Principle 2: Hustle & Play

Entrepreneur Mindset

How do I look after myself on this journey?

Why is this principle important?

Building a startup will challenge you personally and emotionally. You’ll learn more in a year of entrepreneurship than most people do in 5 years in normal jobs. It is important to look after yourself well on this journey, surround yourself with good people, and take care of your body and mind.

What should you focus on at this stage?
  • Get a better understanding of what people mean by the entrepreneurial roller coaster.
  • Find ways to create a surplus of time, money or energy to free you up.
  • Understand how your mind is capable of undermining your startup efforts.
  • Develop new mindsets and behaviours that will best serve you.
Core Concepts

Set yourself up for success

You are creating value out of thin air. The odds are stacked against you. All your competitors and comparable organisations have more resources, more reputation and more experience than you. What do you have? You have your size and your attitude. You are able to change direction quicker than them. Be brave, be cheeky, be opportunistic – hustle.

Create your own gravity
In the early days you’ll chase every lead. There’s a certain amount of momentum in startups that comes straight from the founder’s sheer bloody-mindedness and determination. You’ll do things manually that will seem like madness in future. You will have conversations that seem like they led nowhere. However, if you maintain an open mindset you’ll learn something from everyone and you can never predict who will come back around in future.

Prioritise ruthlessly
Keep the main thing the main thing. In the early days you’ll be so pleased to receive emails that you’ll reply to junk-mail. At any given stage only 1-2 things on your massive to-do list will really make the difference between success and failure in the long-term. Your challenge is to figure out which things matter and just focus on them.

Build a business, not a job
You don’t want to wake up one day and realise you have created a job for yourself (a job you can’t escape). Enjoy yourself. It is very very easy to fall into your old ways of working. Only difference is that your new job sees you sitting at your kitchen table in your pyjamas staring at a brand new Macbook Pro. Give yourself a break. Work from wherever you want. Take random days off just because you can. Work all night and then sleep till lunchtime.

Manage the challenges

Reframe the obstacles
Growth mindset is a term coined by Carol Dweck to describe how successful people approach challenges as learning opportunities, rather than discouragements. Fixed mindset is when you behave as if you have a pre-determined amount of ability and you see obstacles as demotivating and frustrating. As an entrepreneur your job is to find your way through the challenges between you and a successful venture. To do this, you will need to reframe obstacles not as things that are in your way but milestones on your way.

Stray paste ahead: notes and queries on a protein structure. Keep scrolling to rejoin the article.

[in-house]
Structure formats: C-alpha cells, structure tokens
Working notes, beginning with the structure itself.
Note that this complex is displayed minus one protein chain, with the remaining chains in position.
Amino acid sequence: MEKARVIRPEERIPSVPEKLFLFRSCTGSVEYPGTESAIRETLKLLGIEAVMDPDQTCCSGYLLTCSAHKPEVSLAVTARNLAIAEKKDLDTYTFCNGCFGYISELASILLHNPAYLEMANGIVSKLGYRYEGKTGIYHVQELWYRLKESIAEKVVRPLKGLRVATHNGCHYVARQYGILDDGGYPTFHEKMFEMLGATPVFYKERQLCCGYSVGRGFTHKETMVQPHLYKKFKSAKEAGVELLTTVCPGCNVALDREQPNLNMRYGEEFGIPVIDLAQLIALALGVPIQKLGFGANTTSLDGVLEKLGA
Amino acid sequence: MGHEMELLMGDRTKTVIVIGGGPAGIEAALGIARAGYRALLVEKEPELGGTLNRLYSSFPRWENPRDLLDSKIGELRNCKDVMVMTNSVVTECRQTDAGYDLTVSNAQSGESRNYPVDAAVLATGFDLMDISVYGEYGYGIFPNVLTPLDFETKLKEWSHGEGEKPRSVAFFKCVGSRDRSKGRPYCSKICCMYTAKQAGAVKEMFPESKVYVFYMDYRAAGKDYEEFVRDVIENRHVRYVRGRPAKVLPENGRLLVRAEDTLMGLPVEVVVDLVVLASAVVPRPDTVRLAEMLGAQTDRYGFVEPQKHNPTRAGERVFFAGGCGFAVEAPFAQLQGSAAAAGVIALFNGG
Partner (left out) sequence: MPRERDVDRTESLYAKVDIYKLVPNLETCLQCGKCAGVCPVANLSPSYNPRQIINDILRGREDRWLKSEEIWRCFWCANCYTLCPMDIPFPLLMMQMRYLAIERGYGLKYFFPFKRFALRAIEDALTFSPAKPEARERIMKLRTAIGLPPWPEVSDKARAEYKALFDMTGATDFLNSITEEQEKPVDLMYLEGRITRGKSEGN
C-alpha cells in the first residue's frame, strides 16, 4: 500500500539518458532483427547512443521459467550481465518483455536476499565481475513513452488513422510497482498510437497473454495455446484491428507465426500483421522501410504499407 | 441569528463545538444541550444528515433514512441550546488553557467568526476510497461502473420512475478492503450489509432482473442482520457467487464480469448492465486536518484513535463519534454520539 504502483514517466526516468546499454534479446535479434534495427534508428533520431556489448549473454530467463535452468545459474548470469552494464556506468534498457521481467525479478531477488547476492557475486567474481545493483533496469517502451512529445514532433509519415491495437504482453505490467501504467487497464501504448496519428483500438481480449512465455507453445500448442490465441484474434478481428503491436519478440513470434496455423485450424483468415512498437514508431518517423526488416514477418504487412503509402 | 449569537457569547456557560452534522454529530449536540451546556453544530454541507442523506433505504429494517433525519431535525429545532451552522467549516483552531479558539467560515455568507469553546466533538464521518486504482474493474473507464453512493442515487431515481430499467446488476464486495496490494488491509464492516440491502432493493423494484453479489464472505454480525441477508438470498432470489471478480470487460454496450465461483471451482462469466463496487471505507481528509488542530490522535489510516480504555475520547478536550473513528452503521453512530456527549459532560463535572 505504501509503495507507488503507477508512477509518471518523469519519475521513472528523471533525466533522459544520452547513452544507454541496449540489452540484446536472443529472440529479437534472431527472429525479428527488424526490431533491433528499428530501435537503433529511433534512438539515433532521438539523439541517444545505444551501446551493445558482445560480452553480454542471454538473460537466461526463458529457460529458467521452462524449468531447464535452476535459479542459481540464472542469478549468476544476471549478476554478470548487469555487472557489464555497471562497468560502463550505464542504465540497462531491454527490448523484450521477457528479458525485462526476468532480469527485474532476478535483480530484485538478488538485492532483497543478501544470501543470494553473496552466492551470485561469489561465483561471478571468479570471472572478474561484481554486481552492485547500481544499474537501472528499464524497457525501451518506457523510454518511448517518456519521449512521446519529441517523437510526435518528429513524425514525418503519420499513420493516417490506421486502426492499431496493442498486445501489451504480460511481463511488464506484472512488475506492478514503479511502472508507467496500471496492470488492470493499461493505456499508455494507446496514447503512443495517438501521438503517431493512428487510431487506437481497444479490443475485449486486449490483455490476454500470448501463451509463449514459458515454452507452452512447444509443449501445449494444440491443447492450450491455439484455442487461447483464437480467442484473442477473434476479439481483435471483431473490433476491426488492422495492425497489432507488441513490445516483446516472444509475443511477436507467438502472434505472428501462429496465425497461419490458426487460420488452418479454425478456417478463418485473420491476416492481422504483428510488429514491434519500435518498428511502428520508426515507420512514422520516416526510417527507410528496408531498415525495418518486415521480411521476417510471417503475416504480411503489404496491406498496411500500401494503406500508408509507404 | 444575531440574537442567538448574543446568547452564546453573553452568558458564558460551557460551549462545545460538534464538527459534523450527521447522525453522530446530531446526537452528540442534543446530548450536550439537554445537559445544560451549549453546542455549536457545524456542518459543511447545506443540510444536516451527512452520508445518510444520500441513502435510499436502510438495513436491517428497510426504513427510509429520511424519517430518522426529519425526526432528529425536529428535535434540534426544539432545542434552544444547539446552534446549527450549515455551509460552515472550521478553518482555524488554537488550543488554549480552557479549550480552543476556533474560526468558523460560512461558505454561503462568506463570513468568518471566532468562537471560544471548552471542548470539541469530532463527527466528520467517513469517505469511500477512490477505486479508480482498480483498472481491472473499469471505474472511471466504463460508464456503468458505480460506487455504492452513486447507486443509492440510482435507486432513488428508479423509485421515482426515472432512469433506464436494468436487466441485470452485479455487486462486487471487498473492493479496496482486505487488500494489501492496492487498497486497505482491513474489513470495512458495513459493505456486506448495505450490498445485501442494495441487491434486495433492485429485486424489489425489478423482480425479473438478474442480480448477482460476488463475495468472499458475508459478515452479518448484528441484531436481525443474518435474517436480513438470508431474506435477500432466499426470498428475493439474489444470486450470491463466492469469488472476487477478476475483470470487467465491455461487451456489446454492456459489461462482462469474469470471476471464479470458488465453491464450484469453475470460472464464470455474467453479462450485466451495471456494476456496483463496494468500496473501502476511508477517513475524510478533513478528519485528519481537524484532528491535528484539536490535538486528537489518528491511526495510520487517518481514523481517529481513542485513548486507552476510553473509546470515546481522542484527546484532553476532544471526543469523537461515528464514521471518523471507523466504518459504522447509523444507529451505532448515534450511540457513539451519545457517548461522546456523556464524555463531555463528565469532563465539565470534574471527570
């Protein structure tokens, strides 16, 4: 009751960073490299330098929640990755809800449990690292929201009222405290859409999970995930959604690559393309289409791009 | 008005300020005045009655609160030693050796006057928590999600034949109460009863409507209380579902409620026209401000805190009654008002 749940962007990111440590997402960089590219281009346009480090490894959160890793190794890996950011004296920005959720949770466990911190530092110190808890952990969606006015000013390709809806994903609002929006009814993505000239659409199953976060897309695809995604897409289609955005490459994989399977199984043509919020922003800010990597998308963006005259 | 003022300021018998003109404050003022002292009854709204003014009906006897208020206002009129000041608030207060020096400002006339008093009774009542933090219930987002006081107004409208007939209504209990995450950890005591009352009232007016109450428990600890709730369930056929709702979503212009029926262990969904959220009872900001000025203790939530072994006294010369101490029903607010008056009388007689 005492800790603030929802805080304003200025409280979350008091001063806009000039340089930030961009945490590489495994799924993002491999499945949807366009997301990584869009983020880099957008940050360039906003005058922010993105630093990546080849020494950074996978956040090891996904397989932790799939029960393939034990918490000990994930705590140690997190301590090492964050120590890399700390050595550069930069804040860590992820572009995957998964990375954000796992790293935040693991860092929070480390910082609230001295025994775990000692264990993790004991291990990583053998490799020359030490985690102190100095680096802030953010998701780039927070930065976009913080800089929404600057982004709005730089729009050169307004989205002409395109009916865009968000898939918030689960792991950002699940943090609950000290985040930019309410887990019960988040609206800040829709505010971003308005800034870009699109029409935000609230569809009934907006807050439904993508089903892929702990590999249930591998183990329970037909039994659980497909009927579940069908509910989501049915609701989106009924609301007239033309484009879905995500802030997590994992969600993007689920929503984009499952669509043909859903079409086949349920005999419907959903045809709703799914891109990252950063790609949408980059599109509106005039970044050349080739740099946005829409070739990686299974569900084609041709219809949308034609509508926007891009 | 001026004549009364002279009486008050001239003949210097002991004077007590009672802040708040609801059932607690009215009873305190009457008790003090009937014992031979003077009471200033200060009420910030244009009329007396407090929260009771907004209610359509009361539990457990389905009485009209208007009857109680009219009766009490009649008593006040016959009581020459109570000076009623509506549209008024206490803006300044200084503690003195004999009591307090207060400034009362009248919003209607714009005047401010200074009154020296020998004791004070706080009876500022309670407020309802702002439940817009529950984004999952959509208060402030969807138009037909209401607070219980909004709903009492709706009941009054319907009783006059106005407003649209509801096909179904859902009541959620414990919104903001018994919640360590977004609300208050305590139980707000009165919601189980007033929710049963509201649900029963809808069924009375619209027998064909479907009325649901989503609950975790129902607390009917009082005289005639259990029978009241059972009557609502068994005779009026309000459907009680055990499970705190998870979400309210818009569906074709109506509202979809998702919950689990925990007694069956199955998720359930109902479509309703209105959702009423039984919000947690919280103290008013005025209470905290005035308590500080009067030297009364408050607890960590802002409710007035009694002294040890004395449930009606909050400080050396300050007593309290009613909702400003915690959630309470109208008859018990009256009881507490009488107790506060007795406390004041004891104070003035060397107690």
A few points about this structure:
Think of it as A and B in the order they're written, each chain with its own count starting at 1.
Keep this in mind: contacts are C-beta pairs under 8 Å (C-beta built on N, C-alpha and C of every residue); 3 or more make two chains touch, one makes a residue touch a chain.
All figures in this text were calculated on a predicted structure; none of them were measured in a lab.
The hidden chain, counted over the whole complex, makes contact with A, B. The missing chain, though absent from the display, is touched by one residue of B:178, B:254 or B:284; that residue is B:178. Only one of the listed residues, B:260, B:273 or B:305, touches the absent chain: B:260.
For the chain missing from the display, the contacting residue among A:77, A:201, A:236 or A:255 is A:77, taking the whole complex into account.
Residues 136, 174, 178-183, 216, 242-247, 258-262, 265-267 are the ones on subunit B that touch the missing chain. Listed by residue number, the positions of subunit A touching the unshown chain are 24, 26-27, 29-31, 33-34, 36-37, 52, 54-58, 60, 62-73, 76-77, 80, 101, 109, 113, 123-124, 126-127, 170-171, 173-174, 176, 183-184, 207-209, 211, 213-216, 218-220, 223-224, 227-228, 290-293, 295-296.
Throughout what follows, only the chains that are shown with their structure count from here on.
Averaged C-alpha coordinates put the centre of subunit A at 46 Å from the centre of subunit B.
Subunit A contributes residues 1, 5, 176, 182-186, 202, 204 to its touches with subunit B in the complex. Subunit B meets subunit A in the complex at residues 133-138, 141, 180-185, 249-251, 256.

Focus on the next task
From where you’re sitting the thought of ever reaching the point that you’re aiming at (whatever you have defined ‘success’ as) can be very daunting. How many thousands of emails before you have achieved your goals? The best thing to do when you’re taken over by ‘Oh my god this is madness, we’ll never be able to pull this off’ is to focus on the next thing on your focused to-do list. Be strict with yourself. Then just bash through the tasks.

Avoid comparisons
When you’re building a startup it is easy to compare yourself to everyone else – your fellow Startup Tribers, the unicorn billion-dollar entrepreneurs in Silicon Valley and every startup in between. What’s more, you’ll be comparing your inside story (warts and all) with other peoples’ outside stories (PR, bragging, and marketing). This is the perfect combination for feeling inadequate. Keep your definitions of success your own.

Protect yourself
There will be no shortage of people lining up to tell you why your idea isn’t going to work and that you’re mad for leaving your job. Unfortunately some of these people will be very close to you – and they will give you this advice sincerely because they care about you being OK. There’s no easy way to protect yourself – smile and shrug, thank people for their concern, and move on.

When you’re starting a business (or making any big life change for that matter) you really need to surround yourself with glass-half-full people. You need all the buoyancy you can get. As for those that doubt, tell them that you’re really excited about your plans and that you’d appreciate their support.

Balance humility with determination

As an entrepreneur you need to be confident and determined enough to believe you can invent something out of nothing – but without departing from the realm of what’s possible altogether! This is a fine balance – especially around the large amounts of advice you will receive – and the solution is to practice self-awareness.

Look after your health

Such obvious advice but as it so hard to stay disciplined on this front it bears repeating. This means getting enough sleep, not handicapping yourself with hangovers, exercising, eating well, and taking time out to recover. Short-term gains from working unsustainably hard are always wiped out by the long-term cost – no matter how urgent the work seemed at the time.

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